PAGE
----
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Deconstructing homegardens: food security and sovereignty in northern Nicaragua

Abstract

Development scholars and practitioners are promoting food security, food sovereignty, and the localization of food systems to prepare for the projected negative impacts of climate change. The implementation of biodiverse homegardens is often seen as a way not only to localize food production but also as a strategy in alignment with a food sovereignty agenda. While much scholarship has characterized and critiqued food security and sovereignty conceptualizations, relatively little research has examined people’s lived experiences in order to test how such theoretical visions play out on the ground in farming communities. Based on a case study of four coffee cooperatives in northern Nicaragua, we examine a non-governmental organization (NGO)-supported project promoting food security and sovereignty through development of homegardens. We ask: To what extent are homegardens an effective strategy to reach food sovereignty? And, why may farmers be resistant to changing their food production and consumption strategies to embrace biodiverse homegardens when they improve food security? We discuss characteristics of agroecological homegardens, the distinctions between food security, food sovereignty and dominant discourses of development, the history of food sovereignty in Nicaragua, and farmer perspectives on homegarden implementation. Despite historic critiques, NGOs are poised to facilitate the transformation of food and agricultural development by employing counter development strategies, a necessary step if homegardens are to be successful in the long term. To conclude, we propose some strategies NGOs and communities might pursue to move forward with homegardens as a food sovereignty strategy. This research suggests that a food sovereignty approach still rooted in mainstream development models faces significant obstacles to moving beyond food security and into a farmer-led food sovereignty agenda.

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Fig. 1

Notes

  1. The second-level cooperative is grouped into the category of “NGO” for this research since they were charged with the implementation of the project strategies. Historically, this is the role of NGOs but organizations like ADECOOP have adapted since the height of fair trade supported projects that employed second-level coops with what were traditionally roles carried out by development NGOs.

  2. Marx and Engels applied the idea of metabolism, an exchange where an organism draws upon materials and energy from its environment and converts these by way of various metabolic reactions into building blocks necessary for growth, to society and saw a major disconnect or “rift” in the recycling of nutrients back to the soil, this was the basis of his arguments against a capitalist agriculture that could no way maintain a consciousness to regenerate the resources it was extracting from the soil (Foster 1999, pp. 382–384).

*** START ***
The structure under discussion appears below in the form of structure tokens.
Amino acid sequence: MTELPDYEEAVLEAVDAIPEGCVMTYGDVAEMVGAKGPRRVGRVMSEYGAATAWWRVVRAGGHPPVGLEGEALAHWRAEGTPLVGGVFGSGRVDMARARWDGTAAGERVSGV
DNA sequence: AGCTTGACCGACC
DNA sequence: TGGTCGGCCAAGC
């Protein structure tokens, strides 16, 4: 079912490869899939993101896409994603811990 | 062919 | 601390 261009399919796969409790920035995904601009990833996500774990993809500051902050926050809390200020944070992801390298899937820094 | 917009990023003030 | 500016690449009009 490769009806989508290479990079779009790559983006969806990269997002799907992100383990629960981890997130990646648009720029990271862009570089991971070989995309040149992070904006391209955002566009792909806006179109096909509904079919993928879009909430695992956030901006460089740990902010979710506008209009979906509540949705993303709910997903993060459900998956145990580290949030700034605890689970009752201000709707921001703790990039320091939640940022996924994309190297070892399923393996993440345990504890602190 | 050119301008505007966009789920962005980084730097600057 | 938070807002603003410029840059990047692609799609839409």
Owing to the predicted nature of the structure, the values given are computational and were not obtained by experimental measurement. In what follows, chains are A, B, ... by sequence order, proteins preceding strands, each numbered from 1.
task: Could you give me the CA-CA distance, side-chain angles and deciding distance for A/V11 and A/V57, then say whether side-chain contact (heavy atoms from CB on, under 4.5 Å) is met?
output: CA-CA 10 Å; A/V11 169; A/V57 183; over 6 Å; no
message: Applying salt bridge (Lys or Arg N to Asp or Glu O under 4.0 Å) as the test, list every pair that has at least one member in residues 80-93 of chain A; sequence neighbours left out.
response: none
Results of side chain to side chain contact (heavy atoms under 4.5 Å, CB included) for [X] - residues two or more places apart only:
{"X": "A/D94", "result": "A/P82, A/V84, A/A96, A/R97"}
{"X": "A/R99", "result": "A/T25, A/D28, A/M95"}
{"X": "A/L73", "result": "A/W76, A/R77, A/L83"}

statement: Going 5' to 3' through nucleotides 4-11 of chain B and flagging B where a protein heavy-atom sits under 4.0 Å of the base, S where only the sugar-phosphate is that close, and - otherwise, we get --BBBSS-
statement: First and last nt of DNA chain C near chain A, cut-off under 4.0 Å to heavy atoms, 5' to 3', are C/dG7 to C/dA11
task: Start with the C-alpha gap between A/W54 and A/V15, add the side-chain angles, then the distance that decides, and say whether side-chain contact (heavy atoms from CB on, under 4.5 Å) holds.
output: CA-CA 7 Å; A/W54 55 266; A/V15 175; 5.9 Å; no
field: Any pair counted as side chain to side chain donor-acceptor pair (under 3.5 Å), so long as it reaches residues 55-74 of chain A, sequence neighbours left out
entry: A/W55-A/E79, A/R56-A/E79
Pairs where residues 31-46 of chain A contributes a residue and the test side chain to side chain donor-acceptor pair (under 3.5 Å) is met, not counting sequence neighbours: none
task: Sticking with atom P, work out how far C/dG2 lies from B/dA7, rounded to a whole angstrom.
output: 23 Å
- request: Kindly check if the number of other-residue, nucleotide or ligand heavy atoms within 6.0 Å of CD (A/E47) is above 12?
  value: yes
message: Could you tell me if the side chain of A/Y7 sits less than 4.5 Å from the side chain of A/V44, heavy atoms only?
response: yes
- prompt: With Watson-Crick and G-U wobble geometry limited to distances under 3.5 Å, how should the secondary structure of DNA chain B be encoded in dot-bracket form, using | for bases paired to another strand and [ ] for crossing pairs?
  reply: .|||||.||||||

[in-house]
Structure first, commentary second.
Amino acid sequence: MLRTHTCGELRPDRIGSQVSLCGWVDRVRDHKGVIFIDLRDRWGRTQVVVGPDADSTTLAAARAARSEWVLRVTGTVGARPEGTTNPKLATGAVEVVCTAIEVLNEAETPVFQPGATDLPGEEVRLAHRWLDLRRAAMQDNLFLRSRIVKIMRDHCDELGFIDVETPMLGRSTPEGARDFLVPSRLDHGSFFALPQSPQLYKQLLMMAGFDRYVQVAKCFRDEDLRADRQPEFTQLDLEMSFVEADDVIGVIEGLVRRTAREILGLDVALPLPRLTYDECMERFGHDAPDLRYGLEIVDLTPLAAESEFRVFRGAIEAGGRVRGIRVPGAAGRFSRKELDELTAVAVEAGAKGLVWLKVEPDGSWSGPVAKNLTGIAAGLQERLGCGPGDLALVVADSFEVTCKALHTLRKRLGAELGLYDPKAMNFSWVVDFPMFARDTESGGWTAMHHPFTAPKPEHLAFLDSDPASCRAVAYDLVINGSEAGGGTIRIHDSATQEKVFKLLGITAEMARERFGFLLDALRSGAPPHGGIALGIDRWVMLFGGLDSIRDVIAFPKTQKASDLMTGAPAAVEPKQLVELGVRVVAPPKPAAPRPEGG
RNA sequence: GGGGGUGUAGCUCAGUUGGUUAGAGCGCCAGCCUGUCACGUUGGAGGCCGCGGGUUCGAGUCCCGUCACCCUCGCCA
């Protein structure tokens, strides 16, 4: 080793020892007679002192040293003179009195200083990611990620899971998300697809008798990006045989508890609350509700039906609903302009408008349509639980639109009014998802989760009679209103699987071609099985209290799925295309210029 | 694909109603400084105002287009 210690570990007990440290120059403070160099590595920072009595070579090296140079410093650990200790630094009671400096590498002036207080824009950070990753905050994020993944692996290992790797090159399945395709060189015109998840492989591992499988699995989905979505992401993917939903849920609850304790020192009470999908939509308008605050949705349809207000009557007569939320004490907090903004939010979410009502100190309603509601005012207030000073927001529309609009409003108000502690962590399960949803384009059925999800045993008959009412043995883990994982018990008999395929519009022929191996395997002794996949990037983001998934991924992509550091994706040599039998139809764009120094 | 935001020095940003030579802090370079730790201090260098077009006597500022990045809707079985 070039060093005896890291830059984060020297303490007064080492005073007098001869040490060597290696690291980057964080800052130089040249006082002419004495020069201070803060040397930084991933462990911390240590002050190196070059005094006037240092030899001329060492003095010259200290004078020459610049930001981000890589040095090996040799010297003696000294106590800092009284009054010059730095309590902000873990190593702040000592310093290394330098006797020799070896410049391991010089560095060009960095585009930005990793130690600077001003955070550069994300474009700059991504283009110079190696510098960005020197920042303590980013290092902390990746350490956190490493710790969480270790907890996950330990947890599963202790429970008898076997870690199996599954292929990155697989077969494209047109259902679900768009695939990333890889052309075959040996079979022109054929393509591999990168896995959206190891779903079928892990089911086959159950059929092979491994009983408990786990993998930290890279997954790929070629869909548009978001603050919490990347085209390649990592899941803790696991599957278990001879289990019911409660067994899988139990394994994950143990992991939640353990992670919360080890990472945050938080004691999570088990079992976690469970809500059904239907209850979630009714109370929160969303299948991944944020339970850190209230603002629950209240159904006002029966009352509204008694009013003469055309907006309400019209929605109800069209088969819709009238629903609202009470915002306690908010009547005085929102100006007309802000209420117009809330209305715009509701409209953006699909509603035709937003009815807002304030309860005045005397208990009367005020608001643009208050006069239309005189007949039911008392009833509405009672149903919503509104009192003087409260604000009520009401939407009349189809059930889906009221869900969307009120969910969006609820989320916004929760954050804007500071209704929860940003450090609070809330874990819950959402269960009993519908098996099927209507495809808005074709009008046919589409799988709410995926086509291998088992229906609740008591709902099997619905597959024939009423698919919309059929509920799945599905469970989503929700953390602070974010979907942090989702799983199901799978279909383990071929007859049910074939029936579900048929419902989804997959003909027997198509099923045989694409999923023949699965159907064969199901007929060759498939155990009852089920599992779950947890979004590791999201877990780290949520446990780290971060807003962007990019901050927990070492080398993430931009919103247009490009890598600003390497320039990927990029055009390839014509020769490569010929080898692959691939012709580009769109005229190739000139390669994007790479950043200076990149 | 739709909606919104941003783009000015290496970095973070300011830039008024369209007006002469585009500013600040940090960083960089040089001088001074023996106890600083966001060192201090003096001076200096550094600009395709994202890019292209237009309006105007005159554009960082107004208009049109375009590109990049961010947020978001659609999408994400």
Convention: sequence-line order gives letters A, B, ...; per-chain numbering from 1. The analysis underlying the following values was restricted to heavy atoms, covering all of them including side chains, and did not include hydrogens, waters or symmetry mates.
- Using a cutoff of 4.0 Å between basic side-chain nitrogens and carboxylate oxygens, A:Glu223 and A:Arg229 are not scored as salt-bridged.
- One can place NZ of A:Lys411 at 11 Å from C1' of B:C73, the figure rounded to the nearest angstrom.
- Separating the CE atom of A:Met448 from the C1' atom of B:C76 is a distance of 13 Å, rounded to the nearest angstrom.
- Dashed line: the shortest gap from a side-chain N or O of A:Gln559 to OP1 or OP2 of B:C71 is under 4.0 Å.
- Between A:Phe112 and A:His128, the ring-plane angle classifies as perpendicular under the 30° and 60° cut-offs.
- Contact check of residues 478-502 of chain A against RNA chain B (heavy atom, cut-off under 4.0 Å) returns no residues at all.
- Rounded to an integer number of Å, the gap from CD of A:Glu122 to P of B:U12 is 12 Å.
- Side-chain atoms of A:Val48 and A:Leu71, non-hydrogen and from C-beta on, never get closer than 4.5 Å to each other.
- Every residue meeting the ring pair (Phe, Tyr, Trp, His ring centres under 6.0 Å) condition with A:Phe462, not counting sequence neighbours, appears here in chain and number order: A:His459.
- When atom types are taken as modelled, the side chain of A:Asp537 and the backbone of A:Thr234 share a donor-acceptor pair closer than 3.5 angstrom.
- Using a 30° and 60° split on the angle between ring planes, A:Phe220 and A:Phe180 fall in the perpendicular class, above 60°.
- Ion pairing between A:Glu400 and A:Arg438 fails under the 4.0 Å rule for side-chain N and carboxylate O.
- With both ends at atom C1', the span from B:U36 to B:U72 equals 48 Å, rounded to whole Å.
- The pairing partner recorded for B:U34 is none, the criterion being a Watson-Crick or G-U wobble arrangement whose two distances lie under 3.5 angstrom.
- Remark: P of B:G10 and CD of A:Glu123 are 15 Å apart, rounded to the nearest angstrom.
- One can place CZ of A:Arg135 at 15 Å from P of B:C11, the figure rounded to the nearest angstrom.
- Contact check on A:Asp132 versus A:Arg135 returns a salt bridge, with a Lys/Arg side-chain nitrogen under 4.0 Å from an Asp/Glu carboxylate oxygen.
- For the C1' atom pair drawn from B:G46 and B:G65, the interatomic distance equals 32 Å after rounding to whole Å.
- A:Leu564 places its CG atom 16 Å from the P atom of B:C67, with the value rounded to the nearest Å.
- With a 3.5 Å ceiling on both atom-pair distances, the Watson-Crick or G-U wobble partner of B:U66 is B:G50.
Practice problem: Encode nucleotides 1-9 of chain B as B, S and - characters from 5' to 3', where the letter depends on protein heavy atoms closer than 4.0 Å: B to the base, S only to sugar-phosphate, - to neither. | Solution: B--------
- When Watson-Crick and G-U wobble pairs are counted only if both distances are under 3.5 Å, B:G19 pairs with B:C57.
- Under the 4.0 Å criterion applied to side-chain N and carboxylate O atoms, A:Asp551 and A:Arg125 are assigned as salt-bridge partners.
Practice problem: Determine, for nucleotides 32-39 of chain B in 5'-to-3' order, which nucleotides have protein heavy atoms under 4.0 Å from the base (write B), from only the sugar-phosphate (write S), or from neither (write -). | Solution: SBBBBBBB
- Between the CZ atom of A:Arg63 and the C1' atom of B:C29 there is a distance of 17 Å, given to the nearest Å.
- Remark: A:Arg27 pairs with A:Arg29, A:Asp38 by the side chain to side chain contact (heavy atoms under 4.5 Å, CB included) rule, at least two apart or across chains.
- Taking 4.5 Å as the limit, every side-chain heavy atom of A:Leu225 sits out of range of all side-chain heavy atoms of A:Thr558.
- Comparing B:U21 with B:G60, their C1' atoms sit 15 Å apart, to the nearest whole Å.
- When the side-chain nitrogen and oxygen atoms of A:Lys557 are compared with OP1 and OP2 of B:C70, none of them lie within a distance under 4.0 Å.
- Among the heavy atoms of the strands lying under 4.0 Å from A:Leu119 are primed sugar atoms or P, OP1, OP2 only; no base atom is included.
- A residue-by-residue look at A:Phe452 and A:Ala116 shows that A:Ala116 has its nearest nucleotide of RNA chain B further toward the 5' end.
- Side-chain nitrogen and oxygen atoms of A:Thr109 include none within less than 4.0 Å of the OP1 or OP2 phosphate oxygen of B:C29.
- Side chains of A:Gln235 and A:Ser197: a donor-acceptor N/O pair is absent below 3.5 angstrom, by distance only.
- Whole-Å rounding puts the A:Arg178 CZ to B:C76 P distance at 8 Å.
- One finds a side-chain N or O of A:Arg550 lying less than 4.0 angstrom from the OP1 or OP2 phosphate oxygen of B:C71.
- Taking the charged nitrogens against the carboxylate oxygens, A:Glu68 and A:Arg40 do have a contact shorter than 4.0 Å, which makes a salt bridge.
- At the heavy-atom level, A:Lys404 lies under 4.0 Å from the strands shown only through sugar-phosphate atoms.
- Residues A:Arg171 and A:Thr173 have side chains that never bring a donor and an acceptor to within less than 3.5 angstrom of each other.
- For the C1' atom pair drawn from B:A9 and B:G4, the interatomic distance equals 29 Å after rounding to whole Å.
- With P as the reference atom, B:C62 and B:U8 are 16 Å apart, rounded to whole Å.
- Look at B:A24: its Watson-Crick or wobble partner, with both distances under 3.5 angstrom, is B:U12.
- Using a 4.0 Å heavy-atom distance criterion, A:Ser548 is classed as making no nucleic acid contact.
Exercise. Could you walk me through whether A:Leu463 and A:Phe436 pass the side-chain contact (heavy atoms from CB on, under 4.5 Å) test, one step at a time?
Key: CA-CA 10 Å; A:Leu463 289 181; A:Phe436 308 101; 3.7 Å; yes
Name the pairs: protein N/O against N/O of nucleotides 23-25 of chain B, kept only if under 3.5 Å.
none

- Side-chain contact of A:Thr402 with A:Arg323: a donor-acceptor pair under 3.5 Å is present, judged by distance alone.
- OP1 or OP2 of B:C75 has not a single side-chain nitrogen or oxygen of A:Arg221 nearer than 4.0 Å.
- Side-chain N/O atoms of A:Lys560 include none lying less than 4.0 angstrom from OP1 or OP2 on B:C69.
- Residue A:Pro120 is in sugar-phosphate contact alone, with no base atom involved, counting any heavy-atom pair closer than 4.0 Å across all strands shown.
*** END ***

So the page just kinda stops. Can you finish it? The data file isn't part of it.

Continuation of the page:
3. Economists (Sen 1981, 1987) and development scholars (Ericksen 2008; HLPE 2012) have since sharply criticized this Malthusian notion.

  4. At the time of release of this research, PCaC had facilitated multiple exchanges of Segovian farmers to other regions of Nicaragua, Honduras, and elsewhere. PCaC is a farmer movement, or social process methodology developed in the 1970s in Mexico. The process employs a popular education methodology where farmers share with their peers innovative new solutions to problems that are common among many farmers. This method offers some direction in how to overcome development discourse by depending on local realities and ingenuity (Holt-Gimenez 2006).

Abbreviations

ADECOOP:

Pseudonym for a second-level coffee cooperative in Nicaragua’s Segovias region

ATSC:

Pseudonym for a local Nicaraguan NGO

NAC:

Pseudonym for a US-based NGO

NGO:

Non-governmental organization

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Acknowledgments

This research would not have been possible without the participation of the Nicaraguan respondents who took time away from their labors to participate in interviews, Erika Pérez who not only facilitated the connections with participating organizations but also provided necessary moral support, Christopher Bacon for inviting me to participate in the research and Maria Eugenia Flores for sharing perspectives and logistical support in dissemination of this research to the participating Nicaraguan cooperatives, Karen Sanchez for much needed methodological and moral support, the technicians at the second-level cooperative for collaborating and facilitating research while working overtime 6 days a week, and Roberta Jaffe and Steve Gliessman for sustained mentorship over the years. The authors would also like to thank Michael Carolan and Maria Fernandez-Gimenez for their mentorship, comments, and asking the hard questions that contributed to this paper. All errors are ours. Karie Boone received financial support from the Center for Collaborative Conservation to carry out this research.

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Boone, K., Taylor, P.L. Deconstructing homegardens: food security and sovereignty in northern Nicaragua. Agric Hum Values 33, 239–255 (2016). https://doi.org/10.1007/s10460-015-9604-0

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Keywords

  • Food sovereignty
  • Food security
  • Nicaragua
  • Development discourse
  • Homegardens